The evocation of bodily conditions and the interior body continues when the forms are released from the mould. The hardened clay slabs could be compared to the shape of pieces of flesh or muscles (fig. 4). The cast segments take on the shape of the mould and simultaneously the strong material suggestions seem to take precedence over this cast outline. In its fired state, the lining up of the individual ceramic segments of Ex Votos–Insignificance create seams which could be associated with sinews (fig. 5). These sinews visually segment the surface, and simultaneously unify the form, as the figure is held together at these crucial points. Moreover, these sinews create a dialogue between the exterior formed by the mould and the interior of the piece, which would be revealed when the seams became undone. The seams and cracks reveal Brown’s method of first segmenting the figure in order to unify the individual slabs inside the mould. In terms of Schade the method of making the figure in sections reveals a way of assembling the artwork from which one can re-construct how the figure was made, and for her this amounts to reversing the initial fragmentation of the figure. The fragmentation of the figure is not simply a form of disintegration but a form of expression as she describes fragmentation as a way of exposing what is hidden inside.14 Through the sensation of the interior of Ex Votos–Insignificance, associations of human fragility are evoked and the cast figure appears to be no longer merely a replicated artefact but moves into the realm of a feeling being.
2nd Case Study – Sabine Heller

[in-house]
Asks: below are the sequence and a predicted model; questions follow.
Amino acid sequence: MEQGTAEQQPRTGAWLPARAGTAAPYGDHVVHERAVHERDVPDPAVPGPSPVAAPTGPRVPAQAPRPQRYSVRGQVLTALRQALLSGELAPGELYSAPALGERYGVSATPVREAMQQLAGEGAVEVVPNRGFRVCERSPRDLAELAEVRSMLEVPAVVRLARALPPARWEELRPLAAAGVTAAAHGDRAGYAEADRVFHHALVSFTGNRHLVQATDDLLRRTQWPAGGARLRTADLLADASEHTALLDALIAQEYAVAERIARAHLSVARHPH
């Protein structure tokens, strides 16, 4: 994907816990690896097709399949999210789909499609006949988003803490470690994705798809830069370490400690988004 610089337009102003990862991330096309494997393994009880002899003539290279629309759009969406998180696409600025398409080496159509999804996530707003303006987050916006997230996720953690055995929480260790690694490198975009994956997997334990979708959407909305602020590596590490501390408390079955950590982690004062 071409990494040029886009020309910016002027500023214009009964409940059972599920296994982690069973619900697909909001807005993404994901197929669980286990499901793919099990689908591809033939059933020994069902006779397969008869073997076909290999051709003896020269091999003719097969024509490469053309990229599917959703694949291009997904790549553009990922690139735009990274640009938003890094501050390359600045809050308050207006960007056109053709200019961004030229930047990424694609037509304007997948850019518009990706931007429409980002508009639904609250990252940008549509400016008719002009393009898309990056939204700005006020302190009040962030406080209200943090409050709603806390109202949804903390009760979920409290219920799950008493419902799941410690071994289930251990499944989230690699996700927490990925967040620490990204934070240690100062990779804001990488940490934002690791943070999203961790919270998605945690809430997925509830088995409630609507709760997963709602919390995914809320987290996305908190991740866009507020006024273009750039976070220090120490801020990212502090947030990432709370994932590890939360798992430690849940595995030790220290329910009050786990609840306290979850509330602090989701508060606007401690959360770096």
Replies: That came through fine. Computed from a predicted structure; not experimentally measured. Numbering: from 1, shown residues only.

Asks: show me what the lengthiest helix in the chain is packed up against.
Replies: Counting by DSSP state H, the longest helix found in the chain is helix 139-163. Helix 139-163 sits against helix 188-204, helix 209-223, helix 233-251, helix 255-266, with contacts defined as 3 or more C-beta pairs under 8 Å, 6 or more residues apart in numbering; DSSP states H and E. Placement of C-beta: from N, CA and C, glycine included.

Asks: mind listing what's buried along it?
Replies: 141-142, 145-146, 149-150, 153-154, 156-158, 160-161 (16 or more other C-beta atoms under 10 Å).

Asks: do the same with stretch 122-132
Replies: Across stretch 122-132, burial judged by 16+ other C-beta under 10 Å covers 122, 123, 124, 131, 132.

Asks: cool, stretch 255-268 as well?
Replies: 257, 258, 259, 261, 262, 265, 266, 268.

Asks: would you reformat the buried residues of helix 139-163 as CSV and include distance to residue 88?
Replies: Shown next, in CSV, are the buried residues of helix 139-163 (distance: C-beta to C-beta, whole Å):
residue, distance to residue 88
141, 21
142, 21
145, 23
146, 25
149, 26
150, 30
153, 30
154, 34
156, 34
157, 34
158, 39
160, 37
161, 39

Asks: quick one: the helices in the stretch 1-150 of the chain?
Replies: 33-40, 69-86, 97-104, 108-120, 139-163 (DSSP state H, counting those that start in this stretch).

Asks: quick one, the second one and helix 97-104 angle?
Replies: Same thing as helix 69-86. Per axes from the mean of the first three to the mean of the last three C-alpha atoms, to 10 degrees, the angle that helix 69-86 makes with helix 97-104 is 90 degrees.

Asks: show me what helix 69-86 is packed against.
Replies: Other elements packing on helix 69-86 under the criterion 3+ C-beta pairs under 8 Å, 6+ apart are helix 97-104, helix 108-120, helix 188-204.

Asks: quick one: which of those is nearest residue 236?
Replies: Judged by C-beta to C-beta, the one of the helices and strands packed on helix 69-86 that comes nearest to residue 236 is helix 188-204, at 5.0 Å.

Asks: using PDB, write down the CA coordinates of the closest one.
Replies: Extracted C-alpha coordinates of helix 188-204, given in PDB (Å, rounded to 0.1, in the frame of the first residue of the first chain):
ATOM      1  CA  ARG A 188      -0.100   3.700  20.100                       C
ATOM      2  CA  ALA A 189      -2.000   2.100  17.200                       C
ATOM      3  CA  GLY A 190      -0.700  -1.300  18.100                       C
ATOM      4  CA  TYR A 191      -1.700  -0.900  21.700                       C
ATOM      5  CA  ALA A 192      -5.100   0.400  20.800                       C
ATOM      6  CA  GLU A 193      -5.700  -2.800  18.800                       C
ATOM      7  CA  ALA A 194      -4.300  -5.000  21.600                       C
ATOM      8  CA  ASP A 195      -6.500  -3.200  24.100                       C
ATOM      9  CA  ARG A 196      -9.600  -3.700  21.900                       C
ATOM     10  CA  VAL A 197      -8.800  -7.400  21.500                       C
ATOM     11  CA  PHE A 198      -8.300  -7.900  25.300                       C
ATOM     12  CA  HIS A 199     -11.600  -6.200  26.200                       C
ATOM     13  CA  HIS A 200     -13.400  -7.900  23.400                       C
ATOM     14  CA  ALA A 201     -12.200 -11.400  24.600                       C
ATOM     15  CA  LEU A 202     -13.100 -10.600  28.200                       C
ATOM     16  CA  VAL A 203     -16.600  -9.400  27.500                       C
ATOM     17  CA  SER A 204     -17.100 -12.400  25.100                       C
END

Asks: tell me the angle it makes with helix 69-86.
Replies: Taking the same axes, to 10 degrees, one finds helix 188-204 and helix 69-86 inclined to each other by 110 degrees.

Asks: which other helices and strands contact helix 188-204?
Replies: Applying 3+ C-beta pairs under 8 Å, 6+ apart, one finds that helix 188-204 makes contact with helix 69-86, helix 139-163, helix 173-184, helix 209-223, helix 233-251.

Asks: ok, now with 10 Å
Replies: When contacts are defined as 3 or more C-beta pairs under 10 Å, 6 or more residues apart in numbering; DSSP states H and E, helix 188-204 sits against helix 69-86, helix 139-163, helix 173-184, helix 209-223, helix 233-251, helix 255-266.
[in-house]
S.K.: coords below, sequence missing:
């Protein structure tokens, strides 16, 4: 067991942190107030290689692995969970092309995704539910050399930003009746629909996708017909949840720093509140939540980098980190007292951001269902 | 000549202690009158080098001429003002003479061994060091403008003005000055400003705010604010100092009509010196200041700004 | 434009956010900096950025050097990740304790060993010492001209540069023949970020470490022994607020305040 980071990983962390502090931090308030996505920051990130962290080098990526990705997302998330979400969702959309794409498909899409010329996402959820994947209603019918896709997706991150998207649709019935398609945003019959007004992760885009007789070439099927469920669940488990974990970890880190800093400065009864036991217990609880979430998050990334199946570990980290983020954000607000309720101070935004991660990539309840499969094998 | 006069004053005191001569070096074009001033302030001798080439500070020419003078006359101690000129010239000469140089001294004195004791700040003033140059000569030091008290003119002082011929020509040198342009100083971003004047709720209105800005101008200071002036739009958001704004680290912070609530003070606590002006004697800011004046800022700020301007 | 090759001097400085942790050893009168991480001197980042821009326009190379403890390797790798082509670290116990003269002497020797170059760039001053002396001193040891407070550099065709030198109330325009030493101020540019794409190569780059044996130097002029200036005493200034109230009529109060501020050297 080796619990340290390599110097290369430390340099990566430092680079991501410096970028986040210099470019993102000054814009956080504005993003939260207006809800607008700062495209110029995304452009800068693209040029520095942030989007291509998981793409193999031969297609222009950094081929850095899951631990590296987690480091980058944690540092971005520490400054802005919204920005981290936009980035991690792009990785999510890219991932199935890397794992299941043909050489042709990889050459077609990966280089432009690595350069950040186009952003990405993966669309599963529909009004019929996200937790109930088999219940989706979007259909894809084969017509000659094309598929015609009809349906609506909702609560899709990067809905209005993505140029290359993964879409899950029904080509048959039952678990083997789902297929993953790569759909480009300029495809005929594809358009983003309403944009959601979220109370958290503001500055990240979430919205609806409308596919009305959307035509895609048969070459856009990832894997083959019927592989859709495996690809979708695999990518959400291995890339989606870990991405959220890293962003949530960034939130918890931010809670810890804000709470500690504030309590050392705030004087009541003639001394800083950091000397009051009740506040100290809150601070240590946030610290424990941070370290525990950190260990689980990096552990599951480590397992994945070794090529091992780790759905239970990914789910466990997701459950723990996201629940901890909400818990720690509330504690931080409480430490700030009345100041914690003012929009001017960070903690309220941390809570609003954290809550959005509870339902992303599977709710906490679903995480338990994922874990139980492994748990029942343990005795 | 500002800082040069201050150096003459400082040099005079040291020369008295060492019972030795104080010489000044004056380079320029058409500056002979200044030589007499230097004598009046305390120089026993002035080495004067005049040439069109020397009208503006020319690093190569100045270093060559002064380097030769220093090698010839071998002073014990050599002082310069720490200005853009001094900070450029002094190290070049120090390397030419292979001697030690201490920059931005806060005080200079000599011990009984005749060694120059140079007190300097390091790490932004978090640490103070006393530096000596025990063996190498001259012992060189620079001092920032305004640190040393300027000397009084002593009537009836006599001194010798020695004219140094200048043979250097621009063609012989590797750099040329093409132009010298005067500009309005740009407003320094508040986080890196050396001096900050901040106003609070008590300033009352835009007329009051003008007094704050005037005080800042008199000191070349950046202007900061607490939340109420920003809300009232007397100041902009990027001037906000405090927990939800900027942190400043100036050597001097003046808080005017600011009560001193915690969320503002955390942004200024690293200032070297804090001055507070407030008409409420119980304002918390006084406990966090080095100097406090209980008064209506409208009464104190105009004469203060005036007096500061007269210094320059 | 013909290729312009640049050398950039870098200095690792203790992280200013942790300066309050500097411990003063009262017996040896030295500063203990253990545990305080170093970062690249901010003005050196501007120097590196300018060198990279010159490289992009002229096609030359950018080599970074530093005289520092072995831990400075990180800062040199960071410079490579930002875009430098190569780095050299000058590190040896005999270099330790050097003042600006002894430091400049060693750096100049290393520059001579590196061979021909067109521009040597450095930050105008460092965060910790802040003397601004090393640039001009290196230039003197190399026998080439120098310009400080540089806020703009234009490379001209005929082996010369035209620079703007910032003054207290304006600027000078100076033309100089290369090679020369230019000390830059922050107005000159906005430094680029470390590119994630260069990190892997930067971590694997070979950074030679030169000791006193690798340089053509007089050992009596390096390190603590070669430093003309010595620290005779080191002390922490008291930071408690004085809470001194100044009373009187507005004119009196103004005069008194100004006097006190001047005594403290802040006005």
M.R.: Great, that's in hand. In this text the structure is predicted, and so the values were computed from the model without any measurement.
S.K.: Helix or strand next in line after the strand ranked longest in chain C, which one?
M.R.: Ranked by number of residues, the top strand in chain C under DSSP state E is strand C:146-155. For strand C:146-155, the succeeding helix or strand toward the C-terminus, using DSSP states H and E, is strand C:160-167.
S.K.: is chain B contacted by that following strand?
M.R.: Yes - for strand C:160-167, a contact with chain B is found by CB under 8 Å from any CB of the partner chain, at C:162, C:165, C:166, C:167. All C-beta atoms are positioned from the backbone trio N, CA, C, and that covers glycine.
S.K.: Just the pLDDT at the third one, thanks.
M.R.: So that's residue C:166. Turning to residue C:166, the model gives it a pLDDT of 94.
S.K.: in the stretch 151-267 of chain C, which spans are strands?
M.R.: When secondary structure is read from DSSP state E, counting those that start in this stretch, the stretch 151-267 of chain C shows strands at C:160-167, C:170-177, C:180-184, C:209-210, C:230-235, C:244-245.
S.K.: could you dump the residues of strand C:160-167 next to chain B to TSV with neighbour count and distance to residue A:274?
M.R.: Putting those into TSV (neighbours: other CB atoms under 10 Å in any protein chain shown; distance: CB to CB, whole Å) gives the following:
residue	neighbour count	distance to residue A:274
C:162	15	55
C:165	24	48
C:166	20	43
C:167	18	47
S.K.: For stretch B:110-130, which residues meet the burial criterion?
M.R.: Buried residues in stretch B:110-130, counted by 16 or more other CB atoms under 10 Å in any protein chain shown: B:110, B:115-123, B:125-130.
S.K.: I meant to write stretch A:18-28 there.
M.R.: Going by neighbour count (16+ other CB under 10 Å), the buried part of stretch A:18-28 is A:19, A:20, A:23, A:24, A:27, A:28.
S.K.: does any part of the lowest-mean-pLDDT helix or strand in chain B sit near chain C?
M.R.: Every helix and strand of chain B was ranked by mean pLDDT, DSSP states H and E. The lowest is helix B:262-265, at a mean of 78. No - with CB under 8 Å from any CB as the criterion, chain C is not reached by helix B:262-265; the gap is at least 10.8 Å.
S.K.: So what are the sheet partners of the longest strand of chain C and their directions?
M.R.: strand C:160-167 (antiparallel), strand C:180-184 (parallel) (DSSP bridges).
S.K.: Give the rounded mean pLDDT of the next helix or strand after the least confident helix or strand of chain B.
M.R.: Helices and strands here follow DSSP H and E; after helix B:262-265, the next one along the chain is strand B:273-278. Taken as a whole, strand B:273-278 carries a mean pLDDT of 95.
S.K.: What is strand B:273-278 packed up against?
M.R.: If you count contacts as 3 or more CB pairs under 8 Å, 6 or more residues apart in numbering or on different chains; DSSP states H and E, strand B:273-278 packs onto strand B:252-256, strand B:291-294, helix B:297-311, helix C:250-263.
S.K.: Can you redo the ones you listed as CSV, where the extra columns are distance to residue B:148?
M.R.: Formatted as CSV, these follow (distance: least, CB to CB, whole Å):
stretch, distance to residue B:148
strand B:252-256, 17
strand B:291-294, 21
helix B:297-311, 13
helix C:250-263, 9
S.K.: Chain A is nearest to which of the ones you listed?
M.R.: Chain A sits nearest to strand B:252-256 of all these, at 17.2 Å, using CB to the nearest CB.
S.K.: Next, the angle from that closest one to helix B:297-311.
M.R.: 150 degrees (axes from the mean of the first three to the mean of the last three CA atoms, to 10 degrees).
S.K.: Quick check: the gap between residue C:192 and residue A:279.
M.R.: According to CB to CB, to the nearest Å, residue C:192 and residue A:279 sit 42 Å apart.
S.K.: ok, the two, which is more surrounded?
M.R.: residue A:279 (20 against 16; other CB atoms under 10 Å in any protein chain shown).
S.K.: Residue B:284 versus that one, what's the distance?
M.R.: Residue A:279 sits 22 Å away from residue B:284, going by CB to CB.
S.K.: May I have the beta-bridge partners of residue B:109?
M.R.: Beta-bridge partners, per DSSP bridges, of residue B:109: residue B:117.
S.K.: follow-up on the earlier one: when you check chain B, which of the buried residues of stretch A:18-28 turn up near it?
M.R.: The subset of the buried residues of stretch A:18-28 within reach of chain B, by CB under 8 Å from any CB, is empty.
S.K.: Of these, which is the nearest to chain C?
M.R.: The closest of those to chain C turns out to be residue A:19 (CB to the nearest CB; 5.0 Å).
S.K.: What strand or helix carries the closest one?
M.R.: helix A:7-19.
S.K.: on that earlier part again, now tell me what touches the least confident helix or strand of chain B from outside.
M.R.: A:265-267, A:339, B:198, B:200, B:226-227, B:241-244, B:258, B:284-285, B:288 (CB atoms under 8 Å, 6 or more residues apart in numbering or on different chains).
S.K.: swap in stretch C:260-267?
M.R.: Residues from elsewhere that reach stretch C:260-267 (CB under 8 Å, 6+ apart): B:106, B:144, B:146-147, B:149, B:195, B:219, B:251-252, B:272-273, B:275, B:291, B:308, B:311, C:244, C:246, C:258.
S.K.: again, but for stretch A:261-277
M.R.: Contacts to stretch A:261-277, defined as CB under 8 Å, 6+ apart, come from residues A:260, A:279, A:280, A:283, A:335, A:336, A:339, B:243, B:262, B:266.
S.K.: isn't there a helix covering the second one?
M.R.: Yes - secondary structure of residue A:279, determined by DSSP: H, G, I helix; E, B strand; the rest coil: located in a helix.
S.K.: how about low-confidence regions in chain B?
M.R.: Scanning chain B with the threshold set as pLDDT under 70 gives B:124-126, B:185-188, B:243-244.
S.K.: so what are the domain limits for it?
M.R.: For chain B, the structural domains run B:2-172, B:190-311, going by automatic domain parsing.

In the artistic practice of Sabine Heller the destruction of the artefact appears to become a form of reanimation. Heller carves the figure with a spatula from unfired insulation bricks, stacked according to the posture of the figure (figs. 6 & 7). The leading impression, when observing and interviewing Heller, is that she feels the figure is already inside the block, waiting to be revealed. The cutting into the brick exposes unseen interior openings inside the insulation bricks, which lead the viewer’s gaze to the inside of the figure and becomes significant for the expression of the artwork. Heller’s drilling and levering into the clay transforms the solid exterior of the brick into an organic and eruptive surface which becomes reminiscent of a boundless skin (fig. 8). This impression is increased through Heller returning some sections of the cut-off parts back to the figure, so that the form is simultaneously shrinking and expanding (fig. 9). The artist feels that the insulation bricks are technical due to their manufacturing. Simultaneously she claims to sense an expressive figure inside. This combination induces a process of shaping the material which Heller herself describes as destruction with anger (‘mit Wut zerstoeren’ ). The tool described by Scarry as the sign of a weapon, reappears in Heller’s use of her spatula. With her spatula Heller seems to lever out the material rather than just carefully carving it away, generating the impression that her tool is not only an implement of creation but also an instrument of demolition. The ambiguity or instability of the tool is, according to Scarry, a major characteristic responsible for the ‘partial deconstruction of making into unmaking’.15 Following her argumentation, it is the surface on which the tool acts which defines its identity: a weapon acts upon a ‘sentient surface’ while a tool operates on a ‘non-sentient surface’.16 This means that Heller’s striving to reveal the figure inside turns her spatula into a weapon as it creates vulnerability and feeling.